As if this flagrant violation of the new rule was not enough, Oladeji has been left on his seat over two years after he had reached the mandatory retirement age of 60 in March 2010.
Mohammed and Oladeji are not the only beneficiaries of government’s longstanding violations of public service rules. Year in year out since 1999, senior military commanders and police chiefs, for example, have been given top jobs in their services long after they should have retired. This selective application of public service rules has had devastating impact on the morale of our soldiers and police.
The difference between the case of Mohammed/Oladeji and past violations of public service rules is that the two provide government with the opportunity to prove it has become serious about its commitment to fight corruption – for, the selective application of one’s own rules of the game is no less corrupt than stealing or fraud.
Which brings us to last week’s appointment of Dame Patience, the country’s First Lady, as a Permanent Secretary in Bayelsa State, her husband’s state.
On the face of it, the state’s governor, Seriake Dickson, has done nothing wrong constitutionally. Section 208 of our Constitution says a governor can hire and fire anyone as the Secretary of his government, as a permanent secretary, as the Head of Service (provided he had reached the rank of perm sec) and as chief executive of any government agency. And as Wole Soyinka, the Nobel Literature Laureate, has argued in defence of her appointment, “the lady is not constitutionally disqualified from the office.”
She may not. But then the issue is not simply a matter of technicality, the ground of her appointment which, even in itself, is not without flaw; in principle governors may hire or fire anyone as a perm sec, but due to time-honoured practice they have hired only senior civil servants who have proved their mettles over many years. As we all know, Dame Patience opted out of her state’s civil service in 1999 when her husband became the deputy governor of the state.
So the issue here clearly is much more of morality than technically. Clearly she was appointed as perm sec simply because she is the country’s First Lady. Worse, she was appointed not for service but for self-aggrandizement. And she herself, in her inimitable oratory, provided the evidence after she was sworn in last Friday.
The Office of First Ladies, she said, should be inserted in our Constitution, something unheard of anywhere in the world, even in Africa where, as The Economist Christmas double edition of December 18, 2004, said in an article on “Powerful Women in Africa,” – an article that someone should read to the First Lady – “most African women’s best hope of gaining power is to acquire it through a man.”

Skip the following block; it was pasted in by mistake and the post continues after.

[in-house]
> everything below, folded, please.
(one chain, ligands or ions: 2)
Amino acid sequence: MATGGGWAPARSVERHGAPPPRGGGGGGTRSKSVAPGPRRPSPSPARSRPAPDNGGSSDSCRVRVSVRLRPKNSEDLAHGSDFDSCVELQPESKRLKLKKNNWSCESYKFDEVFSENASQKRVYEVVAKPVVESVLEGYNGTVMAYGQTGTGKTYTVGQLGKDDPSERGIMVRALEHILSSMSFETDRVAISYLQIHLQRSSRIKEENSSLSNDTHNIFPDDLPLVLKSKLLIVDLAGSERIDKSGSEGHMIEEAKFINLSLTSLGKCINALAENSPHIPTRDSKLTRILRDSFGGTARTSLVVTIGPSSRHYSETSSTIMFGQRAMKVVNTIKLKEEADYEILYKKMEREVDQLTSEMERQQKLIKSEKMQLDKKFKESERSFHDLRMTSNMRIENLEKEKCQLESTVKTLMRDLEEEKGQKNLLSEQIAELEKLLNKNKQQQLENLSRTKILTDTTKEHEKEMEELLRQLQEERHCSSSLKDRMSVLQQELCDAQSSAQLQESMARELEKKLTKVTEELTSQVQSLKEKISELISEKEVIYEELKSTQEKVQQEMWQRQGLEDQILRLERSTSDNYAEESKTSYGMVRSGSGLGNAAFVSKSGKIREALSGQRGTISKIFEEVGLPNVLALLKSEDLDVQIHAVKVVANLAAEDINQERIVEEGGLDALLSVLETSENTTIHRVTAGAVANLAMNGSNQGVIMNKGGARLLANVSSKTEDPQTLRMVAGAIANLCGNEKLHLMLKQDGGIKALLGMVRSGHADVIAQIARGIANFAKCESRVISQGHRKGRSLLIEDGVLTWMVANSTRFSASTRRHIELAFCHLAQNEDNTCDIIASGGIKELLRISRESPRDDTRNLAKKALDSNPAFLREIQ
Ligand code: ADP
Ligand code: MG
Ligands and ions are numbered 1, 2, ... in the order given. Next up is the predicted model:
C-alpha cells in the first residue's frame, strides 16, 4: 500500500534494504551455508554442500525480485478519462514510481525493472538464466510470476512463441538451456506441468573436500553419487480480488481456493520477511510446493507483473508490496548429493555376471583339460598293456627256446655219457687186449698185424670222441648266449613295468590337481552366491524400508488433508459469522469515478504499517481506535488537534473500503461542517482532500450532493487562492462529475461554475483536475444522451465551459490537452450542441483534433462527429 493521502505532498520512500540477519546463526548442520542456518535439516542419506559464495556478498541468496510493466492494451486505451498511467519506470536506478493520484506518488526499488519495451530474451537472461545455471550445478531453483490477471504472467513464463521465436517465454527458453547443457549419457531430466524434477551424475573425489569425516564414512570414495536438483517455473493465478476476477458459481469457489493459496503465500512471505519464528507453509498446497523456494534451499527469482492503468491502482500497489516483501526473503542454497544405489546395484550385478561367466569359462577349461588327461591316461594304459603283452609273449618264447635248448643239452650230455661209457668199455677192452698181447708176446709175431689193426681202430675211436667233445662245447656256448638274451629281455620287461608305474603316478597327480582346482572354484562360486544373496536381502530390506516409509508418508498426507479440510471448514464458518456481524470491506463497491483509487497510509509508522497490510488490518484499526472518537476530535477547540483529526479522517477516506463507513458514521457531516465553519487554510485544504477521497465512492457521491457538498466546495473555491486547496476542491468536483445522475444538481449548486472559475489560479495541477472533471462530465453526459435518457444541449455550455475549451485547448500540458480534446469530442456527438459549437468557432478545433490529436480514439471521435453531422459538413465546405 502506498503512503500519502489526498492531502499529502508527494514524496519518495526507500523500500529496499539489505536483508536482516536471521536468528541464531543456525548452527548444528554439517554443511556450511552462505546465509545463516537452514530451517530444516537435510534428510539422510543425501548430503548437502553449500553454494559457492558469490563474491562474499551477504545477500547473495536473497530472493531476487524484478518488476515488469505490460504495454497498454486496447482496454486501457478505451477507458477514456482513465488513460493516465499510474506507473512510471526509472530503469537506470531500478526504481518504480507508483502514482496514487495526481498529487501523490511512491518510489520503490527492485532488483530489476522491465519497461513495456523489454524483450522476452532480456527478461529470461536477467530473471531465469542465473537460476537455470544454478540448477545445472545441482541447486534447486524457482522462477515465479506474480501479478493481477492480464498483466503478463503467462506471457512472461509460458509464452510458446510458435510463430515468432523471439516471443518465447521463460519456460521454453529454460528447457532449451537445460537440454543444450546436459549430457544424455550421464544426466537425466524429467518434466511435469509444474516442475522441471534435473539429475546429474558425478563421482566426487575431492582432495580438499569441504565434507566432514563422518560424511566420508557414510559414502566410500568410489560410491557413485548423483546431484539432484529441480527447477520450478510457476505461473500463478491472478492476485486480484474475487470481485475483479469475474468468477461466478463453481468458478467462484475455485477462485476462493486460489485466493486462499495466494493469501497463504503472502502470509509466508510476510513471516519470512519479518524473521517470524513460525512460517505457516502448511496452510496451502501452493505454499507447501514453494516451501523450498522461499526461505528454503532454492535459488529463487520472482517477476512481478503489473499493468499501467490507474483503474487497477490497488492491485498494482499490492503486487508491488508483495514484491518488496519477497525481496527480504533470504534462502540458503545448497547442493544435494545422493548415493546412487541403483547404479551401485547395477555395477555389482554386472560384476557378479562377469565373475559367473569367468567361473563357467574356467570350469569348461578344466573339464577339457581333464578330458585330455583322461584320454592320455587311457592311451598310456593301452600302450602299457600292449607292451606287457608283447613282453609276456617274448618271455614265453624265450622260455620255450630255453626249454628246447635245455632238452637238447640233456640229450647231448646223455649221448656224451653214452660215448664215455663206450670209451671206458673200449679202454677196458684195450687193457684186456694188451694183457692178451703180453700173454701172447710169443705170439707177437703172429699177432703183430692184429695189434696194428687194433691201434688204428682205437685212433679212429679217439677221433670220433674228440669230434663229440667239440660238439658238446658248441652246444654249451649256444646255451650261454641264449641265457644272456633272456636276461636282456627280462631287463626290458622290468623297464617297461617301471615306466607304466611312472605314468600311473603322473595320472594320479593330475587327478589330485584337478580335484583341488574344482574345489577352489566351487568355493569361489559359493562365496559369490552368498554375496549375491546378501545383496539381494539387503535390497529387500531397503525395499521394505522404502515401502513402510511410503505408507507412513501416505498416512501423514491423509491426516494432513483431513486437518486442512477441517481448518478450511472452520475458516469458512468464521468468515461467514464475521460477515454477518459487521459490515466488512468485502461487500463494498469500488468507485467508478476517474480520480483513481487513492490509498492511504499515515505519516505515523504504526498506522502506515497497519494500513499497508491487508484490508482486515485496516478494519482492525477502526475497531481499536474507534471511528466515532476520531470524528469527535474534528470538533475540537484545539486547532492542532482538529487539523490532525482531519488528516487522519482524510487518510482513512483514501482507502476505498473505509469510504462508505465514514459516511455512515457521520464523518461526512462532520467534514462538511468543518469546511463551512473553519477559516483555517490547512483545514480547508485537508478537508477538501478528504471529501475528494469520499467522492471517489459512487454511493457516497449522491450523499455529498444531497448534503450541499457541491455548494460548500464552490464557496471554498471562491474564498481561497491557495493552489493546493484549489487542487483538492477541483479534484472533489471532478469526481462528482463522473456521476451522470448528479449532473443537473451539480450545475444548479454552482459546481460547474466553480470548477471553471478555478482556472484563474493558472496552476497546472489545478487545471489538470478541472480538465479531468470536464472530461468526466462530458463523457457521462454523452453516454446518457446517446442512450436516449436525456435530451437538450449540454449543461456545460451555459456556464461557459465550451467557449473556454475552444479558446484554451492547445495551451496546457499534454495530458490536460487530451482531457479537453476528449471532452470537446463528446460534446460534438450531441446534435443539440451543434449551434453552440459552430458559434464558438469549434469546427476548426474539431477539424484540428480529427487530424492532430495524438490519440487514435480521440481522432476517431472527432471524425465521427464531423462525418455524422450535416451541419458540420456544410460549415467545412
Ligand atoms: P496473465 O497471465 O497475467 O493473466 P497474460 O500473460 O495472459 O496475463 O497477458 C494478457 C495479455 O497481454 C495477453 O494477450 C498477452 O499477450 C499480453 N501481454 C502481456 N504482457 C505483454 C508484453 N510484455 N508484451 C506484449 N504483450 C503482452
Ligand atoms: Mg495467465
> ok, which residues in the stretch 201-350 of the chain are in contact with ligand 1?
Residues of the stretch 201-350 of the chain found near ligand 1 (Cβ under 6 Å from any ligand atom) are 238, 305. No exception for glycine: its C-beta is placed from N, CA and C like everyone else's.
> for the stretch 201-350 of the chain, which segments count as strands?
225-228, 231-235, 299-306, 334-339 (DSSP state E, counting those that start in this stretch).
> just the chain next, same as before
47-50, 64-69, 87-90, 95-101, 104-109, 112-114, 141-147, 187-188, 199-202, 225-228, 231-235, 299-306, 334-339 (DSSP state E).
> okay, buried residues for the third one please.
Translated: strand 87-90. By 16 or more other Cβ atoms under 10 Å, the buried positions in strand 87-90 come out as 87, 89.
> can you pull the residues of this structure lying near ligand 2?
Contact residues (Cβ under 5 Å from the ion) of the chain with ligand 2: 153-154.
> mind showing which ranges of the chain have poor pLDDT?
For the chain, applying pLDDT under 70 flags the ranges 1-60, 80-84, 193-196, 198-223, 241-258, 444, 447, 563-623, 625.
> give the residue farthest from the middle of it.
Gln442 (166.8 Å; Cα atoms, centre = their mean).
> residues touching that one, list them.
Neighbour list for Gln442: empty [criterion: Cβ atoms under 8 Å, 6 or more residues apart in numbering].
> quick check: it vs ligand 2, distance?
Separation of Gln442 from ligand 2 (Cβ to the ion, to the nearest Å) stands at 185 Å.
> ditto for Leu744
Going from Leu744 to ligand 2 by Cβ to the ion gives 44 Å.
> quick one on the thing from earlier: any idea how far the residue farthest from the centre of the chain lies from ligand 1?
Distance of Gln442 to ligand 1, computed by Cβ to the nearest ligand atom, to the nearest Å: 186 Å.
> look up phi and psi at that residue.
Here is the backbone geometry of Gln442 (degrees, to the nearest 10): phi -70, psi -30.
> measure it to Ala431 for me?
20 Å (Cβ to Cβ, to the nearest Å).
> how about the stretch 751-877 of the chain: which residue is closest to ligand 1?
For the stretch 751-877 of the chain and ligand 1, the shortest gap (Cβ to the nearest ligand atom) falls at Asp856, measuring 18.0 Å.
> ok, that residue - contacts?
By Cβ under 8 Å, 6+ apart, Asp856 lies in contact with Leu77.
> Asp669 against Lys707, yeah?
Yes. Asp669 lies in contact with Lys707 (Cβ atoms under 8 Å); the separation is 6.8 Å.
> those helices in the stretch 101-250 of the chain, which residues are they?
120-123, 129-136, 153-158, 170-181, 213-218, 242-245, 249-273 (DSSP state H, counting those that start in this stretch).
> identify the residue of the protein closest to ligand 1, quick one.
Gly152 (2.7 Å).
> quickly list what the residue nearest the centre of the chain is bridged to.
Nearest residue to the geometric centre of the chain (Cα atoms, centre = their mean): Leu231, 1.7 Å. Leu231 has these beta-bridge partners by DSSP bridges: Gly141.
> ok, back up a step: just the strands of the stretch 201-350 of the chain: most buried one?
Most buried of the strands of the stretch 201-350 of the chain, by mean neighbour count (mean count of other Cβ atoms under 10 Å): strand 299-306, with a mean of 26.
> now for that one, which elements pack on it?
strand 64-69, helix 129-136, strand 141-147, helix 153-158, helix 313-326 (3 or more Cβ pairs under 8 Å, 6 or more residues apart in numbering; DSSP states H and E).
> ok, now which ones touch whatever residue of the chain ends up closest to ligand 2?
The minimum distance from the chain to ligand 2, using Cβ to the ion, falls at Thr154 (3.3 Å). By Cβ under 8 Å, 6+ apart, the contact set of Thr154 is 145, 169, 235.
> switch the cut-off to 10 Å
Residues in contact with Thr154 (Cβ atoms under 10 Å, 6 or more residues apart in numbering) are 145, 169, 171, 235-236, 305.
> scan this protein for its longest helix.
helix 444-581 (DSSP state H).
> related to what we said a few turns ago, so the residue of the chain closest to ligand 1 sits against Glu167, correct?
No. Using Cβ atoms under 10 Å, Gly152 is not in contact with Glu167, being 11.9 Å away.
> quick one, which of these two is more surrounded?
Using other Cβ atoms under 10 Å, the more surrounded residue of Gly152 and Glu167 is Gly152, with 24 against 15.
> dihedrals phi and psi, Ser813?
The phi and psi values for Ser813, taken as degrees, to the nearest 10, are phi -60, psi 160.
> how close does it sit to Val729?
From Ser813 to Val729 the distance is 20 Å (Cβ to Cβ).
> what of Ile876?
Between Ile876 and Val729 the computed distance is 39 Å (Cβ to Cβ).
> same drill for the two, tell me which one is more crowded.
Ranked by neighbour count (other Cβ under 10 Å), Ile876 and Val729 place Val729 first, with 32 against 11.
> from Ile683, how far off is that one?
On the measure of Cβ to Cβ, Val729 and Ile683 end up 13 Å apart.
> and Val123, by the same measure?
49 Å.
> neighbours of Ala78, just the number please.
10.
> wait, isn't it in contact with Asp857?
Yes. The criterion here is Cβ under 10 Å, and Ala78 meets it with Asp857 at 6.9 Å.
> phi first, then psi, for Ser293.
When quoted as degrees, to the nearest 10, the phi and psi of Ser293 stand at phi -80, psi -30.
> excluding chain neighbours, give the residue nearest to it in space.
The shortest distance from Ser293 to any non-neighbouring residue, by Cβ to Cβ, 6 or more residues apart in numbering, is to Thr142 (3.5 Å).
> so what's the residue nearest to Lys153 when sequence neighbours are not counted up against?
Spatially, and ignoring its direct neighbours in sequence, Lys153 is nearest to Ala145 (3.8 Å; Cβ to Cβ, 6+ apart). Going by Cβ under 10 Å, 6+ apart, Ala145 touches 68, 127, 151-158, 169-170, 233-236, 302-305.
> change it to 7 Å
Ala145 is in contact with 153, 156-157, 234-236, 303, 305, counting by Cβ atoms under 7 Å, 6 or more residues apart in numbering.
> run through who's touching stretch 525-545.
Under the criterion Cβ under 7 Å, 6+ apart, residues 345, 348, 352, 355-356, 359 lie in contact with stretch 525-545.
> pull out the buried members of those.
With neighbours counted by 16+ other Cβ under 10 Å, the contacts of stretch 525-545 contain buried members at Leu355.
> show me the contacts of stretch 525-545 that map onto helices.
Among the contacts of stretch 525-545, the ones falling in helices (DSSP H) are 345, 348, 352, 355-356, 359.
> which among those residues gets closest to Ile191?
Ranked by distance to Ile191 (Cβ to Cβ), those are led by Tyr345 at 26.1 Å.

“We the wives of political office holders,” she said unabashedly after her swearing in, “if our names are not included in the constitution and our husbands retire with benefits, the constitution should also look into the issues of wives of political appointees. We should be included so that we too can retire with benefits. With that we can enjoy our career.”
But, she added in apparent afterthought, since it was highly unlikely that her request would ever be countenanced, she saw nothing wrong with renewing her career as a civil servant. “Why now won’t I pursue my career that I am sure of?” she asked, obviously rhetorically.
The correct answer, contrary to her position, is simple; she ended her own civil service career 13 years ago and it is immoral to go back to it at all – never mind doing so at the top – precisely because she is the country’s First Lady. As an old saw goes, those who go to equity should do so with clean hands.
The blatant nepotism of appointing a First Lady into public office for no reason other than the mere accident that the man she married became a president or governor or whatever, cannot be more iniquitous.
It is not too late for the president to ask his wife to resign from the appointment, just like it is not too late for him to fire Mohammed and Oladeji from heading their different agencies.
If he does that it will be one sure sign that he is beginning to get serious with his commitment to fight corruption.